Stockton-on-Tees, County Durham, EnglandEdit This Page

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The Romans used York (Eboricum) as their main base from which they subdued the area in A.D. 71. Present-day Stockton-on-Tees had its origins in the nearby settlement of Norton, which was a strong Anglo-Saxon estate during the period A.D. 450 and A.D. 650.

During the tenth century the estate was gifted to the Bishop of Durham by a son of the Earl of Northumberland, as a token of his respect for St. Cuthbert who was the patron saint of the bishopric and an iconic early Christian religeous leader.

The parish of Norton is located on the north bank of the River Tees and covered about fifteen square miles. Stockton was but one of a number of small settlements within the parish boundaries. The settlement of Stockton remained part of the parish of Norton until the early 18th century.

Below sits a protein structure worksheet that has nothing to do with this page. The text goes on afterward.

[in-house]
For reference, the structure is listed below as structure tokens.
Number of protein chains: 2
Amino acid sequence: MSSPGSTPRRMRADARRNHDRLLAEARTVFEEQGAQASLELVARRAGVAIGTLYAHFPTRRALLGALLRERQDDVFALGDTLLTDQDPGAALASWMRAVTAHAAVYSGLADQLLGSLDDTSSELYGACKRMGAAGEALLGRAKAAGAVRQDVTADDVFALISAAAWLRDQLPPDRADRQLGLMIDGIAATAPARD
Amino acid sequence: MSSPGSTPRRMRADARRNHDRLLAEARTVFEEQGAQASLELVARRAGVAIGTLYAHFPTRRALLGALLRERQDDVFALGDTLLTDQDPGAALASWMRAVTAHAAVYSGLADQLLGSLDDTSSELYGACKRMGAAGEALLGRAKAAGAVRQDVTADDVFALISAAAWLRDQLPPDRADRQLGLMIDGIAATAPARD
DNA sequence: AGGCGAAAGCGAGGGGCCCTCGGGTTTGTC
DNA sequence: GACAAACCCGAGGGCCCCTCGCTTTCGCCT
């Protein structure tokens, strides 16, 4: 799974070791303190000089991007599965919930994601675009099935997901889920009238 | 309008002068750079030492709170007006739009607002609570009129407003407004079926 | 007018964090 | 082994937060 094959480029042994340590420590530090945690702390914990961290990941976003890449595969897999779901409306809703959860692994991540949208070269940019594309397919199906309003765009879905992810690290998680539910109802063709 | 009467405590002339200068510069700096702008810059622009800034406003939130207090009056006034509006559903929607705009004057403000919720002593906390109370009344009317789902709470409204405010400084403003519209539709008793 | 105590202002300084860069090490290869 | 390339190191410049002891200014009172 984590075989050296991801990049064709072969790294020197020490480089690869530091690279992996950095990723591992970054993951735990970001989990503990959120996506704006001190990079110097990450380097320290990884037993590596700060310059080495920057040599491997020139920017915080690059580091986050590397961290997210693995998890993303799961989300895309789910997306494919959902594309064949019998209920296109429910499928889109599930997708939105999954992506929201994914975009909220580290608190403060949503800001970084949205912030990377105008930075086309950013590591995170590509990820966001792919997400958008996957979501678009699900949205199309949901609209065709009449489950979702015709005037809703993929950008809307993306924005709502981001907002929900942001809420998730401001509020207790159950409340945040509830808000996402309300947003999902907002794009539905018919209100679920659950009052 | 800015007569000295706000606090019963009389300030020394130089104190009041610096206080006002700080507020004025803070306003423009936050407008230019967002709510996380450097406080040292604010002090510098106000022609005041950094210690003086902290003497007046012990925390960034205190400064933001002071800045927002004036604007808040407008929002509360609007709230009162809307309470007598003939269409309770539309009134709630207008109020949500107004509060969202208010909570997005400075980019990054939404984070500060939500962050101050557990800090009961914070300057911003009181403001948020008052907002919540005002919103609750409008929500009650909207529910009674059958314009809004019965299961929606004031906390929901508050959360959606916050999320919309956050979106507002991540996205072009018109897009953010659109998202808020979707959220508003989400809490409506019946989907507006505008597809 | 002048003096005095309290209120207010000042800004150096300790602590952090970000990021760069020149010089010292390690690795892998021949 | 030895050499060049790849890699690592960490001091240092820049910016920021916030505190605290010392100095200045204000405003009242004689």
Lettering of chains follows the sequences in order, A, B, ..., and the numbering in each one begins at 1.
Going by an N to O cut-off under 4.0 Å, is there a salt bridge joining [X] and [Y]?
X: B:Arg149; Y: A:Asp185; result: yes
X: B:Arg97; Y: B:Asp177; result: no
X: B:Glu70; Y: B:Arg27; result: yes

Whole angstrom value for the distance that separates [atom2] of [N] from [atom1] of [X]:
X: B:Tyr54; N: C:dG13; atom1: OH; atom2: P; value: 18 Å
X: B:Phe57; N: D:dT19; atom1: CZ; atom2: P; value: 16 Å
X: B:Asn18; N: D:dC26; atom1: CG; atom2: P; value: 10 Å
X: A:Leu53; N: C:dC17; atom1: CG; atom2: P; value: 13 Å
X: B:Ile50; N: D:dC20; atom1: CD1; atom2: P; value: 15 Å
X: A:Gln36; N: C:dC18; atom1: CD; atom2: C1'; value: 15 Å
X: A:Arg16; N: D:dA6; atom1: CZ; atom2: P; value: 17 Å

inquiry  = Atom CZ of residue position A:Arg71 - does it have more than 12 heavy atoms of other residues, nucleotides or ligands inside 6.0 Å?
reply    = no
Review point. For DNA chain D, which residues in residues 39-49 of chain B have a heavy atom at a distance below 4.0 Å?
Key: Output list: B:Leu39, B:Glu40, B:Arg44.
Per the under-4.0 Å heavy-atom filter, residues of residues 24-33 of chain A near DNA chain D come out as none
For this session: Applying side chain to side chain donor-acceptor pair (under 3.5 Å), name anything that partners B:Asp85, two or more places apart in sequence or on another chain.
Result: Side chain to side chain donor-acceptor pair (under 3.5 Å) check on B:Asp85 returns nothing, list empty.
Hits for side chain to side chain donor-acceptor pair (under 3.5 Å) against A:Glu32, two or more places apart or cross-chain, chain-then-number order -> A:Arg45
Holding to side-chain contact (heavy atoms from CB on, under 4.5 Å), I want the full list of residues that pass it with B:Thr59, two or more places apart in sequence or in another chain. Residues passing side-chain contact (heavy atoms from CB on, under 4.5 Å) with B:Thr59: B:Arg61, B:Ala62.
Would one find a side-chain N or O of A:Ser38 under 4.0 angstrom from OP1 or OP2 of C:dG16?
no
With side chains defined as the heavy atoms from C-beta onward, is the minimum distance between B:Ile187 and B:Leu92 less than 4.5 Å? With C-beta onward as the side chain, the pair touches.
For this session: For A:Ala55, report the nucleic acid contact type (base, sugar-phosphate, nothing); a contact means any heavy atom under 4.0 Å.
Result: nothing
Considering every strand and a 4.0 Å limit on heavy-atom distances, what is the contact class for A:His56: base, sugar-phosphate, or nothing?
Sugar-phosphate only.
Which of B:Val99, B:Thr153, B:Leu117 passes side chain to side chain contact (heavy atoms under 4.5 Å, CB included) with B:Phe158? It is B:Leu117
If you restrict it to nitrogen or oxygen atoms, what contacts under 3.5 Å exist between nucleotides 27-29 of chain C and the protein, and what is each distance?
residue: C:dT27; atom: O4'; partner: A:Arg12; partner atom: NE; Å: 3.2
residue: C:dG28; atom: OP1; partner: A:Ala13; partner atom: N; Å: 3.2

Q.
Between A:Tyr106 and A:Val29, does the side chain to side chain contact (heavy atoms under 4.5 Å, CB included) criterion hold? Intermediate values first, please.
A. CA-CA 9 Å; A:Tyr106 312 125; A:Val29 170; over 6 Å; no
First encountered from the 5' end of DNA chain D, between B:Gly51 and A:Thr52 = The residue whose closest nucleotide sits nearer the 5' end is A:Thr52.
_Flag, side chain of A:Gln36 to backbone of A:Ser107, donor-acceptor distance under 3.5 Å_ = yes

Stockton-on-Tees commenced to emerge as the more prominant settlement over Norton in 1183, when it appeared in the Bolden Book which was the Palatinate of Durham's equivalent of the Domesday Book. This was during this period of the Prince Bishops of Durham [1]

The name of Stockton indicates a "tun" or "village" belonging to the "stoc" or "monastery" of an eccliastical authority (Bishop of Durham.)

Stockton-on-Tees claims a number of historical "firsts". A locally-born druggist by the name of John Walker is credited with inventing the first friction match in 1826.

The first public railway to employ steam locomotives was opened on 27 September 1825. It ran from Stockton to Darlington on track laid by George Stephenson the reknowned railway engineer.

Stockton-on-Tees has the widest high street in England [2]

Harold MacMillan who later went on to become Prime Minister of the United Kingdom, fought and won his first "seat" in Parliament as a Tory MP for Stockton in 1924. Upon accepting a peerage in 1984, he selected Earl of Stockton and Viscount MacMillan of Ovenden as his title.


 

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  • This page was last modified on 22 April 2011, at 10:27.
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